A recent study published in Family Medicine was conducted in an attempt to update and more clearly detail the amount of time primary care physicians spend with patients when using electronic health records (EHRs). As the researchers indicated in their report, “Although several studies of the impact of EHRs on physician work report an effect on time as a percentage of their work day, almost no previous studies measured the actual time spent.”
Observers participating in the study shadowed primary care physicians, including “attendings, residents, and their ambulatory patients in 982 visits in clinics affiliated with 10 residencies of the Residency Research Network of Texas.” They recorded time spent with patients as well as EHR screen time, using personal watches or cell phones.
Elation Health recognizes the challenges faced by many primary care physicians who desire patients’ medical records that can be easily accessed and that are always current and accurate. We also recognize that primary care physicians need more face time with patients and less screen time. The results of the study actually indicate that the physicians and residents that were observed spent a mean time of:
Elation’s Clinical First EHR solution helps physicians reduce their screen time, enabling them to spend more time engaging with patients. Most EHRs rely on a linear workflow which forces back-and-forth screen toggling and extra clicks. Elation’s Cockpit View surfaces everything primary care physicians need in a unique three-pane console, providing more flexibility.
With Elation’s EHR, primary care physicians can order and reorganize windows based on the specific practice workflow — helping physicians surface the information they need quicker and more efficiently. Physicians can document visit notes, order lab tests, e-prescribe, and write referrals in any order.
Clinical First is a commitment to building a provider-centric Clinical EHR that exists at the nexus of the clinical workflow, supports the physician-patient relationship, and drives outstanding patient outcomes.
Greg Miller May 8, 2018Read
For independent physicians, following the changing regulations for reporting value-based care can be a significant challenge. The Centers for Medicare & Medicaid Services (CMS) has shifted its focus between programs and, in fact, is seriously considering scrapping the Merit Based Incentive Payment System (MIPS) that has been at the center of its value-based trend.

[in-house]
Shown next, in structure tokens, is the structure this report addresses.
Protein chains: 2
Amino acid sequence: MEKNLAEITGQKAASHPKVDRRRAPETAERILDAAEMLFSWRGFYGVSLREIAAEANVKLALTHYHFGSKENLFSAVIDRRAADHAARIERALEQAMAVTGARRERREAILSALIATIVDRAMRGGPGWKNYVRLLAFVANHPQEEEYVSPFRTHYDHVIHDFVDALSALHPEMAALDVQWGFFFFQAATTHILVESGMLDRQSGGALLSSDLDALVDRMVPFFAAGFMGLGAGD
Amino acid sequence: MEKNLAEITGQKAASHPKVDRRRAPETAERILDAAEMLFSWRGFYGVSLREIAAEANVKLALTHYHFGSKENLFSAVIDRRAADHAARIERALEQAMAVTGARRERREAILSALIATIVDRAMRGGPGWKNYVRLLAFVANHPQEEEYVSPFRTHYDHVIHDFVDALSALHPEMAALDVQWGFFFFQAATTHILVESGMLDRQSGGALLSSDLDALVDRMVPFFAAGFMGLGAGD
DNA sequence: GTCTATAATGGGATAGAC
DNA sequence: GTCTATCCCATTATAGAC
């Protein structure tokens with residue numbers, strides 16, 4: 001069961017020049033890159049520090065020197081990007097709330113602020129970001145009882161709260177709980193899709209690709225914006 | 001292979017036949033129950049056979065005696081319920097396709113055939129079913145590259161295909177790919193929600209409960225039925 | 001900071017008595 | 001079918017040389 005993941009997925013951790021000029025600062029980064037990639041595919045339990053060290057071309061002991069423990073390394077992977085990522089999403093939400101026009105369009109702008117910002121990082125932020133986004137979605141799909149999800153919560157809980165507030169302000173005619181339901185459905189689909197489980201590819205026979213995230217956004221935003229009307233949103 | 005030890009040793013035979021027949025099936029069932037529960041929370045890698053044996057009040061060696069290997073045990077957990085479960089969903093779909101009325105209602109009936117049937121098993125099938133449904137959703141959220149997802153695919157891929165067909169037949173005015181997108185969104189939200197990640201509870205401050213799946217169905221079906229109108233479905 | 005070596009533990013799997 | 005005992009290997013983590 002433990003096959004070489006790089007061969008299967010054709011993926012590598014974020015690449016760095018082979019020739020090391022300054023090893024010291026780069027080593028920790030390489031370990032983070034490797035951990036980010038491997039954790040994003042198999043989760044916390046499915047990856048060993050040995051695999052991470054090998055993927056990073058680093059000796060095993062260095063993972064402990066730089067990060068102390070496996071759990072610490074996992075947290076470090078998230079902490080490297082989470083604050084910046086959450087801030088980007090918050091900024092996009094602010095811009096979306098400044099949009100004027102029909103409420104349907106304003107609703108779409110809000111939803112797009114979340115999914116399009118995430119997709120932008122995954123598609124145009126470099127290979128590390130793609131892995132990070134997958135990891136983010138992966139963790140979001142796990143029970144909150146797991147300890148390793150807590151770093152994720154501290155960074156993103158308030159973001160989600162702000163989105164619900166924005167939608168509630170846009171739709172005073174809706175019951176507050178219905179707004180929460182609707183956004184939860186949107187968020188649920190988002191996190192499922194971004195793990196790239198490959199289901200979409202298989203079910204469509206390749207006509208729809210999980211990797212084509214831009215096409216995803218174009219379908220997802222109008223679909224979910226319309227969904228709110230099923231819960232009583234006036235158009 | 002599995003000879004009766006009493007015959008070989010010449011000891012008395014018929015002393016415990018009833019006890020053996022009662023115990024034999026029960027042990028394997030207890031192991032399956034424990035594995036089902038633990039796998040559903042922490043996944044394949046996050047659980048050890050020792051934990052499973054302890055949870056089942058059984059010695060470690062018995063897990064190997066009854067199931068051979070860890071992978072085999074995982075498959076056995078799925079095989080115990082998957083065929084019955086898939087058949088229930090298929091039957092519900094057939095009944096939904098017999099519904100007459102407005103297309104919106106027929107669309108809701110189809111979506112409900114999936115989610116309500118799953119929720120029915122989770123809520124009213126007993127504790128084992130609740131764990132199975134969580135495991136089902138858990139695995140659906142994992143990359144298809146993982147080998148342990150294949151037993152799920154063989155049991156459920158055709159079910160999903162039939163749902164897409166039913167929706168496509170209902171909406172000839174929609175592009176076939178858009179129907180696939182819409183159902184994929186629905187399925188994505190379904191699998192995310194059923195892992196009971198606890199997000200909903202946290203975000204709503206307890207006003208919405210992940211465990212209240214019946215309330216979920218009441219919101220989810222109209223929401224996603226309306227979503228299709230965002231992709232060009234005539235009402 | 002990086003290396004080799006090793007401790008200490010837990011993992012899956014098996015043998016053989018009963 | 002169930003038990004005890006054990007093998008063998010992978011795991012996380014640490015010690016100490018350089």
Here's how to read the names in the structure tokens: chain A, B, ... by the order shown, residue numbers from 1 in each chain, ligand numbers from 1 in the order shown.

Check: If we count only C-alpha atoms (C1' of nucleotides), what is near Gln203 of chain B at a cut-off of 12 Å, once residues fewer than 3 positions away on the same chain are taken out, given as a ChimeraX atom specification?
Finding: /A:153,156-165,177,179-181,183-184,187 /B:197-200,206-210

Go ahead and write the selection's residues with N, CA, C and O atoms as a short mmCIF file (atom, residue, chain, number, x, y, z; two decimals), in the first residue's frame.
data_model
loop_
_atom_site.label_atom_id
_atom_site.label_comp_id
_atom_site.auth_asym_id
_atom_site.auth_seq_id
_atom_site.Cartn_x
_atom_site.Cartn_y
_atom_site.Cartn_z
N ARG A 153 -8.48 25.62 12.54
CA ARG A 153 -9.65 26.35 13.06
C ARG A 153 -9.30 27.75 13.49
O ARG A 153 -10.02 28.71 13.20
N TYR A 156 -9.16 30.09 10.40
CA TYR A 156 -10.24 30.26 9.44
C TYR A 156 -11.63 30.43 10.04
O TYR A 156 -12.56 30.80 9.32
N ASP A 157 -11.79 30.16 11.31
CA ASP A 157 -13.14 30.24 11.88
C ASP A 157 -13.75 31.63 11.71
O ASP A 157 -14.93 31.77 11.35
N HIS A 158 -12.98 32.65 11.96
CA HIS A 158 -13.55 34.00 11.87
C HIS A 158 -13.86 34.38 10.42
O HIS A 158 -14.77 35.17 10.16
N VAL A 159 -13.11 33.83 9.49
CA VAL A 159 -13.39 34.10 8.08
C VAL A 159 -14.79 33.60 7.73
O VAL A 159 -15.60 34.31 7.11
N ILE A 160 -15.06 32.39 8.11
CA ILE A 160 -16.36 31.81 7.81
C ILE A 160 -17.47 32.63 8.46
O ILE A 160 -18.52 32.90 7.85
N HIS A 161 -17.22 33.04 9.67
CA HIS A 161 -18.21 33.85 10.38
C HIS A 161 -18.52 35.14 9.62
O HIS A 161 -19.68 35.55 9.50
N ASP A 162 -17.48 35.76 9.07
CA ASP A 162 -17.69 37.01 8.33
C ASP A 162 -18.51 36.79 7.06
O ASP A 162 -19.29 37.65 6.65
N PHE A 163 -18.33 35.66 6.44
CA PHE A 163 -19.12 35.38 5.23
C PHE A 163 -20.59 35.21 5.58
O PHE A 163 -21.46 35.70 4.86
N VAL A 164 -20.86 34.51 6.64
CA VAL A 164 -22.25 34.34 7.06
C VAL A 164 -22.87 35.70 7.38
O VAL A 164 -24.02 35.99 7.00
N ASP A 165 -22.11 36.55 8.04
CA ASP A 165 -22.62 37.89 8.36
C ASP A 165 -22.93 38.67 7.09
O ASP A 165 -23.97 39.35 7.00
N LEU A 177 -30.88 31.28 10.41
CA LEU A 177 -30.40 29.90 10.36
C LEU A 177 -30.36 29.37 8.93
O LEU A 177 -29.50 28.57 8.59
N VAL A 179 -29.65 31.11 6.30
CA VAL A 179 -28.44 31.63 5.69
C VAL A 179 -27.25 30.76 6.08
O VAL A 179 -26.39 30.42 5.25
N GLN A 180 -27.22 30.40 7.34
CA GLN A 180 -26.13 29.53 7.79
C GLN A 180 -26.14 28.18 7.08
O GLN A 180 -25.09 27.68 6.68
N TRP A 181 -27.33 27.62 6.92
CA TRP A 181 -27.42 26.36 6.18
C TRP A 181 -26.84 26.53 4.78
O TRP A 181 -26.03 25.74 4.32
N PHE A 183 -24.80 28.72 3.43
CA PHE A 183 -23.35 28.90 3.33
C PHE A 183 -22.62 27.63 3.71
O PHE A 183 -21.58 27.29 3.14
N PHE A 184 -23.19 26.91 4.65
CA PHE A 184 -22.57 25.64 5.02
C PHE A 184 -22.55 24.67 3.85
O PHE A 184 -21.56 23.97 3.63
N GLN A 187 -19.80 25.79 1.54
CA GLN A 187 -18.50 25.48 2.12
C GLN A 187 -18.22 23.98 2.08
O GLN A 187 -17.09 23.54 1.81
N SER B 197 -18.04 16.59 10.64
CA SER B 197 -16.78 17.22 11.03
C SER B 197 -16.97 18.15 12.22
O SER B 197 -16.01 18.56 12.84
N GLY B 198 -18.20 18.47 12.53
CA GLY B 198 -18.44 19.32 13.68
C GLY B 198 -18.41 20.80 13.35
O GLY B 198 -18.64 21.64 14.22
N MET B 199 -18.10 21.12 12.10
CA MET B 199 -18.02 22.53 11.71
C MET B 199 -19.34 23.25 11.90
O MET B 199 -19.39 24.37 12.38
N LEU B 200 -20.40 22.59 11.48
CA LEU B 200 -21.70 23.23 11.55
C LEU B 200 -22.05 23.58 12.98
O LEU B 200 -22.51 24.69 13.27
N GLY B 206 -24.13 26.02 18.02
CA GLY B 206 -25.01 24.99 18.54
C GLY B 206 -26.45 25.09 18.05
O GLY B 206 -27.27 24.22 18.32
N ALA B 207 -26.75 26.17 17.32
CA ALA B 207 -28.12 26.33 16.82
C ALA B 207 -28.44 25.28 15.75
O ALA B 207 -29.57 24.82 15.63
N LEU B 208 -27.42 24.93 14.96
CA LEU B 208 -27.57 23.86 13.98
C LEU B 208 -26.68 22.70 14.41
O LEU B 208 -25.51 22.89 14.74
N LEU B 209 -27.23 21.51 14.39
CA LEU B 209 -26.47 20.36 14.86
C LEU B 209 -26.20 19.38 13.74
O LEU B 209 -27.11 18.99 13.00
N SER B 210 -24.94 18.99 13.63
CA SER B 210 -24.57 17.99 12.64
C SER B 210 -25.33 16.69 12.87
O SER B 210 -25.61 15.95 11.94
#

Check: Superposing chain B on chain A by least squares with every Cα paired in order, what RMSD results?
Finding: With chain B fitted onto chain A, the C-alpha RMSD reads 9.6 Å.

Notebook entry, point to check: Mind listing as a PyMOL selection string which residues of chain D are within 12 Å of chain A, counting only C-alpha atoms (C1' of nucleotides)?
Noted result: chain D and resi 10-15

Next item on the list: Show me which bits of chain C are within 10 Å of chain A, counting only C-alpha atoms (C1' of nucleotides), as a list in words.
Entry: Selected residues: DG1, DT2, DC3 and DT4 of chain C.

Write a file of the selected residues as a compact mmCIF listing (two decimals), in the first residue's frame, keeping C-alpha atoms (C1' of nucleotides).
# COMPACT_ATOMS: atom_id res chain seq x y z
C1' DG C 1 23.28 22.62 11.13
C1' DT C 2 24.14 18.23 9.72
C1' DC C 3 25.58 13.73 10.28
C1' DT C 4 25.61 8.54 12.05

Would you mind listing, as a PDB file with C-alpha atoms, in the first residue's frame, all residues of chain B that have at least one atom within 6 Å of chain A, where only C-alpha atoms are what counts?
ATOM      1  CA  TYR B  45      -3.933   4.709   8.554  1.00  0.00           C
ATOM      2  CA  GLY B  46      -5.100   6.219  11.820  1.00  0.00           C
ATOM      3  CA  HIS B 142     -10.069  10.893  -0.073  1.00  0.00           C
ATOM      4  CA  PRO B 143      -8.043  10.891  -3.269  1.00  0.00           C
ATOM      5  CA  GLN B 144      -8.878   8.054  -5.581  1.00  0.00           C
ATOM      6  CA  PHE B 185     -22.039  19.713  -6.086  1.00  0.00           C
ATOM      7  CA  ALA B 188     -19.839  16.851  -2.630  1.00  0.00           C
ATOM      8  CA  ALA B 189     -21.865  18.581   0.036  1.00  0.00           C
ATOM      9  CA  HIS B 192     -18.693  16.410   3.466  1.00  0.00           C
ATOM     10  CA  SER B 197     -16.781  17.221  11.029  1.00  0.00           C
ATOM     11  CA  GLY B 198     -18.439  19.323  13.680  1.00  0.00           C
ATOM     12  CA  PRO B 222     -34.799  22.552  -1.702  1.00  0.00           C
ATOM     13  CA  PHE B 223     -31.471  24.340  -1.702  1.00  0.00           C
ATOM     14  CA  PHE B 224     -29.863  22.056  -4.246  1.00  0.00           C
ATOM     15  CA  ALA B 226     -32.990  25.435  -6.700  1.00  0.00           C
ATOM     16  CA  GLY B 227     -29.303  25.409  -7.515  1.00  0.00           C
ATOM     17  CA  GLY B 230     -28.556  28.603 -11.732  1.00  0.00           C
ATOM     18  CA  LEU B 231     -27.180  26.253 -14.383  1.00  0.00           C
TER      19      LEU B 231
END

Providing value-based care continues to be, in its essence, an important part of a primary care physician’s daily practice. Quality of care is more critical to the patient than quantity of visits. However, there are many obstacles to providing and reporting that value-based care, beyond the CMS uncertainties.
Some of those value-based care obstacles – and their solutions – include:
Patient engagement. The ability to engage patients in their own healthcare is critical to the quality level of their care. Communication with patients on their follow-up plan, clarifying instructions and answering post-visit questions, can increase that engagement. Additionally, arranging “regular discussions with a care manager who really ‘knows’ their conditions and concerns helps to establish trust and engagement that will deliver ongoing benefits in terms of both patient satisfaction and physician insights.”
Effective care management for “super utilizers.” Independent primary care physicians are often faced with the challenge of patients who need to be seen multiple times for complex conditions. Some research points to extraordinary usage figures: “80 percent of healthcare costs are driven by 20 percent of patients and … 50 percent of costs are incurred by just 5 percent of patients, aka Super-Utilizers. Among Medicare fee-for-service (FFS) beneficiaries, people with multiple chronic conditions account for 93 percent of Medicare spending.” Behavioral Health Integration Services (BHI), and Chronic Care Management (CCM), both CMS programs, offer mechanisms for the primary care physician to more effectively manage the care of patients with chronic conditions.
Access to sufficient comprehensive information. Coordinating care with specialty providers and having easy access to information from laboratories and healthcare facilities is a necessity for quality value-based care. An integrated, coordinated electronic health record (EHR) system offers independent physicians the ability to do just that. Specifically, interoperable EHRs allow the electronic sharing of patient information between different EHR systems and healthcare providers, improving the ease with which doctors can provide care to their patients and patients can move in and out of different care facilities.